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How the body controls sugar cravings
Specific brain cells control how great the desire to consume sugar is. In combination with the right hormone, these cells are largely responsible for how well we can withstand sweet snacks, according to a recent study.
Researchers at the University of Iowa Health Care identified the cells in the brain that control our sugar cravings. This can play a major role in the development of obesity and type 2 diabetes, as the diseases are often due to excessive consumption of unhealthy food. The study results were recently presented in the journal "Cell Metabolism".
Common diseases obesity and diabetes
Understanding the biological mechanisms that drive sugar consumption and taste preference may have important implications for managing and preventing obesity and type 2 diabetes. These diseases have spread more and more in recent decades and are becoming an increasing problem in public health.
A hormone curbs appetite
The focus of the new study is on a hormone called fibroblast growth factor 21 (FGF21). This hormone is known to be involved in energy balance, body weight control and insulin sensitivity. "This is the first study to really find out where this hormone works in the brain and how it regulates sugar intake," explains research director Matthew Potthoff.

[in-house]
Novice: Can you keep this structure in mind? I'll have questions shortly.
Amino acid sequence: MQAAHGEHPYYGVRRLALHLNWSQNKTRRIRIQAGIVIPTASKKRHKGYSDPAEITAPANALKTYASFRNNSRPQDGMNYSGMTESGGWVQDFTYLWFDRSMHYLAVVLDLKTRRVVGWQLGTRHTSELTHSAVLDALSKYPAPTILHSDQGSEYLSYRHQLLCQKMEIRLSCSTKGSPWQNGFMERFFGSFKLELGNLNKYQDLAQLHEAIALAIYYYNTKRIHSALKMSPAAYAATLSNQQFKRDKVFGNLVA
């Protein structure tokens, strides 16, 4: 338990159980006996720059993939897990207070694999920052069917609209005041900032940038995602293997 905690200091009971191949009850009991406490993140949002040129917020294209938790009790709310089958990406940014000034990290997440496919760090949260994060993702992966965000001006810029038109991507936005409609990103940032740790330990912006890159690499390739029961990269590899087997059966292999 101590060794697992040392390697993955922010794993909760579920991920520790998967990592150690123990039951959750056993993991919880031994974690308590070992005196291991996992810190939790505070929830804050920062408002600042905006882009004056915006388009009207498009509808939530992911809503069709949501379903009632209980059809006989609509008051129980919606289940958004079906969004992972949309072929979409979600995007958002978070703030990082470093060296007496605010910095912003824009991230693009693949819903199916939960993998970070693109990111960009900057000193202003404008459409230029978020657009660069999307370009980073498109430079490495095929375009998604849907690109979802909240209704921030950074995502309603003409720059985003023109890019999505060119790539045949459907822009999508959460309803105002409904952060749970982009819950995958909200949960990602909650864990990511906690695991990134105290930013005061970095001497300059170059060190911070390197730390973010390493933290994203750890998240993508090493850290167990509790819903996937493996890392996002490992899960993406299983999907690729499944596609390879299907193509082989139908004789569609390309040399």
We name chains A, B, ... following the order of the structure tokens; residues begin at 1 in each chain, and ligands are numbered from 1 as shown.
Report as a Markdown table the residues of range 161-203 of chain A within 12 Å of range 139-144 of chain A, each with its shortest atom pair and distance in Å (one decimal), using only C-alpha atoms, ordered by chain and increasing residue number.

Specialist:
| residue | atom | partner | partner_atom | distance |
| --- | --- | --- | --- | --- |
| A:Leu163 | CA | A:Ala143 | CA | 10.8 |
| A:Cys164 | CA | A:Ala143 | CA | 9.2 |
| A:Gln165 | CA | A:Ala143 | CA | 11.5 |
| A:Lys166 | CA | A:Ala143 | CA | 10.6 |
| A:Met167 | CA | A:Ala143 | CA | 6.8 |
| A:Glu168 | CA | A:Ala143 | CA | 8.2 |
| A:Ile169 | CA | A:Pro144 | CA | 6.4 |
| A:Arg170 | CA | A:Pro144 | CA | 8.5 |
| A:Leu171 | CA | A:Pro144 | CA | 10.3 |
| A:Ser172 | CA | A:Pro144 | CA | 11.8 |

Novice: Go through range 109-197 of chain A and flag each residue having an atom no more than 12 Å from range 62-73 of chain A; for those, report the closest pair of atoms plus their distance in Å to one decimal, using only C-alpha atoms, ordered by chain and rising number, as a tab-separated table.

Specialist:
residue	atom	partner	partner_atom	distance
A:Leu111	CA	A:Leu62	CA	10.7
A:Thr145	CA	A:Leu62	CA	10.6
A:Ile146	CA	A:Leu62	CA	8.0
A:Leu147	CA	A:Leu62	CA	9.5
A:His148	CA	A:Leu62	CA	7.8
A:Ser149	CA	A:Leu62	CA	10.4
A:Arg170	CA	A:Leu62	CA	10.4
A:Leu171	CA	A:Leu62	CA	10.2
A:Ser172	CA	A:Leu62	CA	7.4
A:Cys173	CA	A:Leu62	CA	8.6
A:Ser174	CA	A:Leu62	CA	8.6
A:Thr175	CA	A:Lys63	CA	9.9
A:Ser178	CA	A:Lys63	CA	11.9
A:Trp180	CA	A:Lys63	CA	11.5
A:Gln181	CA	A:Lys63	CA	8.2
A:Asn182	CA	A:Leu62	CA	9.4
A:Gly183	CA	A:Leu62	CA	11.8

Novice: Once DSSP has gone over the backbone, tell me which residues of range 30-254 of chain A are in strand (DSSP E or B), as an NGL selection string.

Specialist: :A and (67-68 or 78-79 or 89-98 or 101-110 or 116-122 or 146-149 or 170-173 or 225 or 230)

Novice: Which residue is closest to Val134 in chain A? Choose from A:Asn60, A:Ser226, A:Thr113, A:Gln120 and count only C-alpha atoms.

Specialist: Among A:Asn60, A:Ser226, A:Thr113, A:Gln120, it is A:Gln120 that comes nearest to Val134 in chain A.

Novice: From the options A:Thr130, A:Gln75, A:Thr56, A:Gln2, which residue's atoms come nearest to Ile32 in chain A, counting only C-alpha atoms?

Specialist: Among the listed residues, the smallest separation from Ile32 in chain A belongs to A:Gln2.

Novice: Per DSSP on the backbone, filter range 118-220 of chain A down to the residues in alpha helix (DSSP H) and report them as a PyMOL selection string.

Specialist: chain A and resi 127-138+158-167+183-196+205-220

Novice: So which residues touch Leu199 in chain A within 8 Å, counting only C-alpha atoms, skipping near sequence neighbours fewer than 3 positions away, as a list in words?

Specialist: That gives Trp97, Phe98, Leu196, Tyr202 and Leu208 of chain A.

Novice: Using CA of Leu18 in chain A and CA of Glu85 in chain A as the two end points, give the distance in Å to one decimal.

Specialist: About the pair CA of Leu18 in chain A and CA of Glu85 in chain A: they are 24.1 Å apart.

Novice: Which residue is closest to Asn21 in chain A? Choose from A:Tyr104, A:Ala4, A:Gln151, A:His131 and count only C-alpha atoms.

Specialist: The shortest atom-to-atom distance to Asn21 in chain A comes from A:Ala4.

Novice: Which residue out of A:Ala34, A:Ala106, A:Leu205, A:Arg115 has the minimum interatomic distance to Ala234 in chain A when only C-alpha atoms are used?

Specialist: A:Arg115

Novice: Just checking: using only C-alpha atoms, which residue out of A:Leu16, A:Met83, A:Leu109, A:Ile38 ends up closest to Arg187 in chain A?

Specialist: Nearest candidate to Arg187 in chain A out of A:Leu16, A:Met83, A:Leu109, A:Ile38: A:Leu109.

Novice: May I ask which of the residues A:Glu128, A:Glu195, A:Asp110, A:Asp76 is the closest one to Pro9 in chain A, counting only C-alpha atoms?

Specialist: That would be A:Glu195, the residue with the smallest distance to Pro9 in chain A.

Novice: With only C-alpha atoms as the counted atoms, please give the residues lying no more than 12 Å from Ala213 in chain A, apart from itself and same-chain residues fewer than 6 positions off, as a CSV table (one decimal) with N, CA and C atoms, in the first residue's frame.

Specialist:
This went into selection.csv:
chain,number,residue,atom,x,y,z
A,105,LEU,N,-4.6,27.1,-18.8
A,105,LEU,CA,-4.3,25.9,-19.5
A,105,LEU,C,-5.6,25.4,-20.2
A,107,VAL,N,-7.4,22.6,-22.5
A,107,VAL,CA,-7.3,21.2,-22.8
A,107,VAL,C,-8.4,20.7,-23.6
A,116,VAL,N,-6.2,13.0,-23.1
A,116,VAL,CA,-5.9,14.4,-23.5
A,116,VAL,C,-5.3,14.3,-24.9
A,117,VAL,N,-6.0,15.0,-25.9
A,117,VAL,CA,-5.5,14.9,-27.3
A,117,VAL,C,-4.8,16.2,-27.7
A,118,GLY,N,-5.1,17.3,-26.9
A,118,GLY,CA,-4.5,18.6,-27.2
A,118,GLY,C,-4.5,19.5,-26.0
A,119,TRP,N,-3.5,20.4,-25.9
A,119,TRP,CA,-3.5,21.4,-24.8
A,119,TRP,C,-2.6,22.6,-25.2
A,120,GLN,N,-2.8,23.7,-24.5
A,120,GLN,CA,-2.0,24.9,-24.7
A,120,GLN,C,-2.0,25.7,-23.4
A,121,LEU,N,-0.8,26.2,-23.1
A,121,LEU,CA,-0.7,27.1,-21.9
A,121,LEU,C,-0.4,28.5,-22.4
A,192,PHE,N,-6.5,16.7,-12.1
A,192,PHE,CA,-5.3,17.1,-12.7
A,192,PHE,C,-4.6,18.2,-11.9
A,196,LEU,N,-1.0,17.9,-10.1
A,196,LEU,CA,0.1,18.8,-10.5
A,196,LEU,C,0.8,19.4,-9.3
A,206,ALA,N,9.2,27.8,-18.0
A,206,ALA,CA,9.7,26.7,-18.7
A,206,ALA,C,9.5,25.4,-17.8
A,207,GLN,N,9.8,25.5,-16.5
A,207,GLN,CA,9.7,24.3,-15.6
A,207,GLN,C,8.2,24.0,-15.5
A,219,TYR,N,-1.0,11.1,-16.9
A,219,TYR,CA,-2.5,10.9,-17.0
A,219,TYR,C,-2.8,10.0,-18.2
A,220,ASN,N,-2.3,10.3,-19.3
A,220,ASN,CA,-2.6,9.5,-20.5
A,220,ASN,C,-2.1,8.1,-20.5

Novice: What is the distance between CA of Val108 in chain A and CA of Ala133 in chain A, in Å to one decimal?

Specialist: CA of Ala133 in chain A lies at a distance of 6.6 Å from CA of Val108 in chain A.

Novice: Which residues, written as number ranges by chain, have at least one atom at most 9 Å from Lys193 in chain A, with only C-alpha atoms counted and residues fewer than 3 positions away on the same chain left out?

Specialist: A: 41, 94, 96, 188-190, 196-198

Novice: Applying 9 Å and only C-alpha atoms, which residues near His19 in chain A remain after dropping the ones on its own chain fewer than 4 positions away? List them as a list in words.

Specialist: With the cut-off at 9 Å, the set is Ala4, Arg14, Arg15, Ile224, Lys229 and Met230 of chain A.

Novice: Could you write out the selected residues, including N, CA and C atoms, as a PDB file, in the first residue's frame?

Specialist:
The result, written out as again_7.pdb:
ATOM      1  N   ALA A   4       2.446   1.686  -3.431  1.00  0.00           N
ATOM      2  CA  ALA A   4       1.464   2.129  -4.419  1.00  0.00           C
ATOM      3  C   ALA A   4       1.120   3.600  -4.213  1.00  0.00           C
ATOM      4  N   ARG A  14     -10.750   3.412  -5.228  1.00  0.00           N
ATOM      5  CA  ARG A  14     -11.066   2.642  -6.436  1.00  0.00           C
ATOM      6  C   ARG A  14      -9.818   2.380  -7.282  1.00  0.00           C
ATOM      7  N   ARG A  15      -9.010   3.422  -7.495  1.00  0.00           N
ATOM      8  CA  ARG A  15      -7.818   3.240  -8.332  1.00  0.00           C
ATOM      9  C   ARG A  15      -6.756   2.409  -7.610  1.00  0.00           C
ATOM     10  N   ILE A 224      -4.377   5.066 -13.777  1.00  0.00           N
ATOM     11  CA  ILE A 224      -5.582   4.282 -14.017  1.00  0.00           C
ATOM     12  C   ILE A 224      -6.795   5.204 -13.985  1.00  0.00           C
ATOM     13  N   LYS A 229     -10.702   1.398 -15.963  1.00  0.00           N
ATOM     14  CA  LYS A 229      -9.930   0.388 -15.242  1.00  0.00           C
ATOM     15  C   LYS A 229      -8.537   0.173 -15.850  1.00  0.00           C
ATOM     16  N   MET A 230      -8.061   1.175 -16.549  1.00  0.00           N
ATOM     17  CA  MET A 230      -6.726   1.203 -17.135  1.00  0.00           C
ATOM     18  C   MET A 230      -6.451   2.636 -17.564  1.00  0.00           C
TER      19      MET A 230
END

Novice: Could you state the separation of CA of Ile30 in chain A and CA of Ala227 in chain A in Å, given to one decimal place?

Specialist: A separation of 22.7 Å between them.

FGF21 suppresses the craving for sugar
Potthoff and his team had previously discovered that FGF21 is formed in the liver in response to elevated sugar levels and works in the brain to suppress sugar intake and a taste for sweet taste.
Building on this finding, the team has now shown for the first time which brain cells respond to the signals from FGF21 and how this interaction helps to regulate sugar intake and a preference for sweet taste.
These brain cells control sugar appetite
Although it was already known that FGF21 works in the brain, it has so far remained unclear to which cells the hormone docks, since the receptors for this hormone are only formed in very small amounts. The research team is now able to uncover this interface. The hormone binds to the so-called glutamatergic neurons in order to reduce sugar intake and the preference for sweet taste.
Can FGF21 help you lose weight?
Several drugs that are based on a modified form of FGF21 are already being tested to treat obesity and diabetes. The new findings could help to develop a drug that can suppress the craving for sweets. (vb)
Author and source information
This text corresponds to the specifications of the medical literature, medical guidelines and current studies and has been checked by medical doctors.
Graduate editor (FH) Volker Blasek
- University of Iowa Health Care: Study pinpoints brain cells that trigger sugar cravings and consumption (published: Jul 10, 2020), medicine.uiowa.edu
- Sharon O. Jensen-Cody, Kyle H. Flippo, Kristin E. Claflin, et al .: FGF21 Signals to Glutamatergic Neurons in the Ventromedial Hypothalamus to Suppress Carbohydrate Intake; in: Cell Metabolism, 2020, sciencedirect.com